Roghanjosh is lamb / goat in  chunks, cooked with a gravy made with yoghurt, ginger and aromatic spices. It's brilliant crimson colour comes from Ratan jot or  Alkanna Tictoria, (a plant whose roots are also used as a red dye), or liberal amounts of dried red Kashmir chillies. This spice usually gives aroma rather than heat. Saffron too is a part of traditional recipes.

 

After I discovered its authentic taste of Roghanjosh, I couldn’t eat the casual variants served in restaurants.

 

How old is Roghanjosh? Well , as old as its ingredients are, which are all non indigenous to the Kashmir region and brought from the New world or South India, so it would be  safe to say maybe centuries ago.

 

Today I serve you an authentic mutton curry (Punjabi home style) , if you are craving for a tomato based curry and the true Roghanjosh from a traditional Kashmiri kitchen.

 

 

Homestyle Punjabi Mutton curry

Serves 5-6  

Ingredients:

 

1 kg Indian Mutton (shoulder pieces or boneless)

5-7medium sized chopped red tomato/ 2 ½ cups tomato puree

5 medium sized chopped onions or make an onion paste in grinder

2 tsps ginger paste

2 tsps garlic paste

1 ½ tsp coriander powder (dhaniya powder)

1 ½ tsp cumin powder (jeera)

1 ½ tsp turmeric powder (haldi)

1 tsp garam masala powder

 

Whole garam Masala:

½ tsp whole cumin 

4-5 Cloves

3-4 Black cardamom

3-4 Green cardamom

2 Bay leaves

½ inch Cinnamon stick

 

1 cup whisked yoghurt

Coriander leaves 

 

 

To prepare:

 

1. Heat oil in a heavy bottomed pan . Add the whole garam masala. When the garam masalas begin to crackle add the ginger and garlic paste and sauté.

2. Add the finely chopped onions and tomatoes or tomato puree and add all the powdered spices. If you are using onion paste, then, as you cook the paste, let the water evaporate and the onion will begin to brown. Sauté till the oil comes on top of the mixture.

3. Add the mutton pieces and cook very well till they become brown. This is called “Bhuno”

4. When the mutton is browned, add 3 cups of water till the mutton is submerged in the water. Cover and cook on a slow flame.

5. Let it cook for at least 1 hr. Check if the mutton is fully cooked and tender. If not cook for some more time until tender. The more you cook the mutton on a slow flame , the more tender it will get .

6. When the mutton gets cooked, add the yoghurt in it and cover and cook for a further 20 minutes or so. The colour of the gravy will darken.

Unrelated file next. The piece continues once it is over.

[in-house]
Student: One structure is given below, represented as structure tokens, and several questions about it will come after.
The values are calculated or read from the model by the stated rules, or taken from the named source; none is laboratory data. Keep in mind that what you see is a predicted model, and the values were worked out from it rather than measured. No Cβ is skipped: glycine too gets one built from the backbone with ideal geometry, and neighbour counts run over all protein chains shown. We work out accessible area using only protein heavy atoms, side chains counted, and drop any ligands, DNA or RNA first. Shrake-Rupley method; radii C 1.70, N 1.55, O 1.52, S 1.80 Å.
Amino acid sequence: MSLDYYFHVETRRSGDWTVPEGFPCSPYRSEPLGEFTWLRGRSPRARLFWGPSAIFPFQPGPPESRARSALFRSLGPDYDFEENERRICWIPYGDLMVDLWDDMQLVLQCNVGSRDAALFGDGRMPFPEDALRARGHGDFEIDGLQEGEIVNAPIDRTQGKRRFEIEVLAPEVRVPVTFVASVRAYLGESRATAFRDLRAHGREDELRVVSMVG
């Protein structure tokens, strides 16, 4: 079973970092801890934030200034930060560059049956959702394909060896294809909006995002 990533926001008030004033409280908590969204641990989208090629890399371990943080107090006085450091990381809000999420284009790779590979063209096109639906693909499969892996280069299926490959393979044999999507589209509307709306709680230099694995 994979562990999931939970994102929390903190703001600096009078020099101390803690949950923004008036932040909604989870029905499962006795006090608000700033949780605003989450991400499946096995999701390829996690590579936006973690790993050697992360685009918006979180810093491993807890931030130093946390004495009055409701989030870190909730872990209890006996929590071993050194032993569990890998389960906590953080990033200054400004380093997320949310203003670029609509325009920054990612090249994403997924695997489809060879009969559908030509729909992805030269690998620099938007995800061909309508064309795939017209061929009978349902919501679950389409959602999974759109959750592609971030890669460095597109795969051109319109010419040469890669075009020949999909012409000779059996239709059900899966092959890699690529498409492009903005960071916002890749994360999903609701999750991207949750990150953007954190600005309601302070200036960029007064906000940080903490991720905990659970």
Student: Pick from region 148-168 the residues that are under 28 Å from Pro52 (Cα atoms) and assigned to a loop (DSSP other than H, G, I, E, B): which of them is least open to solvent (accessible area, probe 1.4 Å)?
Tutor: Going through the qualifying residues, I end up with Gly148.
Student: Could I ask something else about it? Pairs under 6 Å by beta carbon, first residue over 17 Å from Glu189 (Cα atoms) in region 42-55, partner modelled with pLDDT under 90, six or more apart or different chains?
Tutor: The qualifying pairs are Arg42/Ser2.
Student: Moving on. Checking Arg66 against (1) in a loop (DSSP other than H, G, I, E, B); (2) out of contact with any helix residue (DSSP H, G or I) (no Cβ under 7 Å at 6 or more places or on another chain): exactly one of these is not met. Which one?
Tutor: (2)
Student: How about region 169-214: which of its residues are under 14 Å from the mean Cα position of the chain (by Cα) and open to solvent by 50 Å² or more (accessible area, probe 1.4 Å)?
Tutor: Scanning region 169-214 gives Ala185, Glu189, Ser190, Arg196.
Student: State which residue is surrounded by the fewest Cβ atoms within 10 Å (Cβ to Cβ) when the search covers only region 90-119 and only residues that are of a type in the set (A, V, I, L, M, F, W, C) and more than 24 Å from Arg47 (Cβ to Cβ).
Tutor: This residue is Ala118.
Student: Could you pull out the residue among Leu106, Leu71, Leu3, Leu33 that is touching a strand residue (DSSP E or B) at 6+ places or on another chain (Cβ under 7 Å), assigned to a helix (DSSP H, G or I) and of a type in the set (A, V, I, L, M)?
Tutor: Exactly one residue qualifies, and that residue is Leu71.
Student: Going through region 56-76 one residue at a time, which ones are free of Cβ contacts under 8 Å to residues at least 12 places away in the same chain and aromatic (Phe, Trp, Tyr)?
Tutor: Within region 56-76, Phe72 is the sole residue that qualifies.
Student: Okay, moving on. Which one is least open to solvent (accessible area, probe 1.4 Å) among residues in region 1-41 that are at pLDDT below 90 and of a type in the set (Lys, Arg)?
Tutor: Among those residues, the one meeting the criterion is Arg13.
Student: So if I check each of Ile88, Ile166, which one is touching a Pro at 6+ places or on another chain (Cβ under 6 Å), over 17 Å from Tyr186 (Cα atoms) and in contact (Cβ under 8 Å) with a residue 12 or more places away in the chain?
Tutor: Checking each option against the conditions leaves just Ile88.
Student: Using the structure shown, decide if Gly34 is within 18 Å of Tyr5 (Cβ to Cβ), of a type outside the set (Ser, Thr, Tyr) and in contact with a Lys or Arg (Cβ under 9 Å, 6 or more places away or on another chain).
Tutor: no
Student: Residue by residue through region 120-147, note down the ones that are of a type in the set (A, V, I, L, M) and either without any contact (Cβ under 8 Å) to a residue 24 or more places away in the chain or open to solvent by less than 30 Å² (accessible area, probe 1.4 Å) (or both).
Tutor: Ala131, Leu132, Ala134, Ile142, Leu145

Season, garnish with chopped fresh coriander and enjoy with Rice or Naan.

 

Tip: You could also marinate the mutton in yoghurt and mustard oil. Make incisions in the mutton and  massage these two ingredients into the mutton pieces. Keep for 30-40 minutes. This makes the mutton more tender when cooked.

 

 

                                             Mutton Curry with Rice 

 

Roghanjosh

 

 

Serves 5-6  

Ingredients:

 

1 kg mutton, 1/2 inch pieces 

230 gms ghee

115 gms of yoghurt

2 tsp asafoetida ,hing , mixed in water

2 tsp ginger powder, saunth

4 cloves

2 tsp kashmiri red chillies

2 bay leaves

6 gms poppy seeds,khus khus, ground

30 gms of almonds,ground

2 tsp garam masala in 60 gms of yoghurt

Salt to taste

 

To prepare:

 

1. Place the mutton in the ghee . Add salt to taste and whisked yoghurt and cook. 

2. When the yoghurt starts to become red, add the asafoetida mixed in the water.Keep on cooking add the asafetida water.

3.When the mutton becomes brown, then add the ginger powder, cloves, red chillies,bay leaves and around 500 ml of  water and leave to cook.

4. After it has cooked for a while , maybe 15 minutes , cover the pan with a tight lid and cook on dum, slow heat.

5. When the mutton is completely cooked , add the ground almonds and poppy seeds.(you will not get pooppy seeds here, so you can omit it)

6.Then add the garam masal in whisked yoghurt . Cook for another 15 minutes .

 

Serve hot with Rice 

 

                                       Traditionally served with Rice

 

 

 

                                    Or you can choose a Naan

 

 

As I leave you with both these recipes, I do begin to wonder what is authenticity ....? Is it what you have experienced in your childhood, that which your mother or grandmother prepared for you since you see it in the purest of forms. While the world changes , evolves and produces variations , we hold on to what our ancestors have left behind ...that becomes authentic to us...